It is good to know that Warwick’s executive team have taken part in the Unconscious Bias training. I really like that Provost Chris Ennew has blogged about her reflections on this training and has acknowledged that, because unconscious bias is, by definition, ‘almost instinctive or automatic’, the purpose of the training is not to eliminate it but to raise our self-awareness. If we then use our self-awareness to become more open to making the effort to try to understand others and to be more willing to talk to each other respectfully, this will help to reduce the impact our unconscious biases have on others. White British working class young men and Afro-Caribbean young men are under-represented groups at Russell Group universities – it would be good to learn more about their experiences of everyday, casual bias and stereo-typing so that this situation can be addressed. Meanwhile, thank you to our Provost for highlighting unconscious bias in her blog.

    13 Jun 2017, 10:15

  2. Mairi Ann Cullen

    It is good to know that Warwick’s executive team have taken part in the Unconscious Bias training. I really like that Provost Chris Ennew has blogged about her reflections on this training and has acknowledged that, because unconscious bias is, by definition, ‘almost instinctive or automatic’, the purpose of the training is not to eliminate it but to raise our self-awareness. If we then use our self-awareness to become more open to making the effort to try to understand others and to be more willing to talk to each other respectfully, this will help to reduce the impact our unconscious biases have on others. White British working class young men and Afro-Caribbean young men are under-represented groups at Russell Group universities – it would be good to learn more about their experiences of everyday, casual bias and stereo-typing so that this situation can be addressed. Meanwhile, thank you to our Provost for highlighting unconscious bias in her blog.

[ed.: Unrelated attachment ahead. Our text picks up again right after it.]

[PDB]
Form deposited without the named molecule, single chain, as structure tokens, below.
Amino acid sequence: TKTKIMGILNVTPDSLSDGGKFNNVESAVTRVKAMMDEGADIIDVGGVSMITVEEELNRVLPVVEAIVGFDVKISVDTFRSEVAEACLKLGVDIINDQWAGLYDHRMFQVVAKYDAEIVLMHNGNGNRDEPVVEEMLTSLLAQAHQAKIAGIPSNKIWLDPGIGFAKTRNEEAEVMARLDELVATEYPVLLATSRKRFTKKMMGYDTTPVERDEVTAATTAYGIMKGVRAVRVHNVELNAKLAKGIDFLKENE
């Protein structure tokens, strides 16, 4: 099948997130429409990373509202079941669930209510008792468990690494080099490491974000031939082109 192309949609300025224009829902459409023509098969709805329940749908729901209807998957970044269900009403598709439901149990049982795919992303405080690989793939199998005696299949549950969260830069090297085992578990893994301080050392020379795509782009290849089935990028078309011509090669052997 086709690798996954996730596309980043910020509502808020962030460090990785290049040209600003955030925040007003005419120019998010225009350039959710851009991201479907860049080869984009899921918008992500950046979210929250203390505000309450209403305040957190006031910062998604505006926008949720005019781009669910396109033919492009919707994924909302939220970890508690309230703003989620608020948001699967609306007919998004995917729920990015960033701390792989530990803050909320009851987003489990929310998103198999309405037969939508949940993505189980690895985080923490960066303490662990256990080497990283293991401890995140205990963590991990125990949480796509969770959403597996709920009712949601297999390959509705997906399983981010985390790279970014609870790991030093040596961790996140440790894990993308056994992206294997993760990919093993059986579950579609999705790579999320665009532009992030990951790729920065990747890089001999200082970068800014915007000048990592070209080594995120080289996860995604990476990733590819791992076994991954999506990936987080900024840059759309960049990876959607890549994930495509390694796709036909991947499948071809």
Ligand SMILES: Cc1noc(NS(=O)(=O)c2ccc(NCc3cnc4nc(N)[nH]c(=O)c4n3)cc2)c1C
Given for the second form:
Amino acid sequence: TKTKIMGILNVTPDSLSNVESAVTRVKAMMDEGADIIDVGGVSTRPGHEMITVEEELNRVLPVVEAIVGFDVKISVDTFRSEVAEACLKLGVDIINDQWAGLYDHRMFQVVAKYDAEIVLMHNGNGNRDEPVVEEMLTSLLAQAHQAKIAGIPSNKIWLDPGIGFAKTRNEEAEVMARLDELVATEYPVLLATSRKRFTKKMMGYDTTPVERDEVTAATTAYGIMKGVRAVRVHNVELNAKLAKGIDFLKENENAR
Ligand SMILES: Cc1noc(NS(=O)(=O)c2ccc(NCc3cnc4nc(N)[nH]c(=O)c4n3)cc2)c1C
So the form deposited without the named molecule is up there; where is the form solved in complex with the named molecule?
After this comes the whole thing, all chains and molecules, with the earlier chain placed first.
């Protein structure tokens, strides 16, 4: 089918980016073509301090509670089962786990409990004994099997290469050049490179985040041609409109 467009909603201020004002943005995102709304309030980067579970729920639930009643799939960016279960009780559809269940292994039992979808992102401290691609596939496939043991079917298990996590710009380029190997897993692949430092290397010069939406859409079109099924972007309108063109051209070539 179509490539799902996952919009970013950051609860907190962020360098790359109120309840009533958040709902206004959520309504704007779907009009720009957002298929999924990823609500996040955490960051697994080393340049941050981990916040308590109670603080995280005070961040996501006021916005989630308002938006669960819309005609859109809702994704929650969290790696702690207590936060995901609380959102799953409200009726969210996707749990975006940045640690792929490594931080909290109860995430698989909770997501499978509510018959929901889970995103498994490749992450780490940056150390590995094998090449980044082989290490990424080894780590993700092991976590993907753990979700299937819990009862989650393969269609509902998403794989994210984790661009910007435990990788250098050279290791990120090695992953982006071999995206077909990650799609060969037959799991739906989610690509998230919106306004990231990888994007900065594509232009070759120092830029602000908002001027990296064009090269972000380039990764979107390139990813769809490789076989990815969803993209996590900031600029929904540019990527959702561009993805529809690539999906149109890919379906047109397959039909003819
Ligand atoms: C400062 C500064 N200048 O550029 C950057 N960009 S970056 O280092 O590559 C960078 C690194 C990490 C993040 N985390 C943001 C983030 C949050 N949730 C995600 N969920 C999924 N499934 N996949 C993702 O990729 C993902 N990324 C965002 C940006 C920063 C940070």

13 Jun 2017, 10:15

  3. Gerard Sharpling

    I too fully support Provost Chris Ennew’s comments and would also encourage people to take a look at this. Chris’s examples are poignant and useful – unconscious bias as we know exists in many different ways and affects how employees either make progress or stagnate within an institution, as well as gain employment in the first place. So it is something that affects us all.

    To take one simple example, I believe that in universities (and of course, other large organisations too) we are still influenced unduly by the way people speak (rather than what they actually think). Accents and manners of speech trigger a large amount of unconscious bias in people’s minds and this is then reflected in the sort of workforce you get – people who essentially ‘speak’ in the same way, use the same vocabulary, know all the same jargon and acronyms and can bandy them about effectively in meetings. In this way there can be an organic growth of an institutional culture which unconsciously selects people on the basis of ‘sameness’ rather than difference, and serves to replicate rather than challenge inequality. That is something that all employers, including universities, need to think about.

    I fully support Mairi’s comments too – it seems very clear to me that more qualitative research is needed to examine this issue and to sound out the experiences of those who feel they have been excluded or discriminated against for whatever reason. I hope this is sort of exploratory work is something that the university will consider.

    With thanks again to our Provost for raising such an important issue.

    13 Jun 2017, 12:25

  4. Chris Ennew

    Thanks to both Mairi Ann and Gerard – appreciate you taking the time to comment and thanks for your supportive remarks. I know there is research being done that links to some of these issues and following on from comments raised by another colleague, I was directed to this article:

    http://www.chronicle.com/article/Can-We-Really-Measure-Implicit/238807

    which (although critical) highlights some of the debates in this area. I did try out the tests available at Harvard’s Project Implicit website, https://implicit.harvard.edu/implicit/takeatest.html which explore implicit biases in more detail. If you have 10 minutes, its an interesting experience.

    20 Jun 2017, 21:54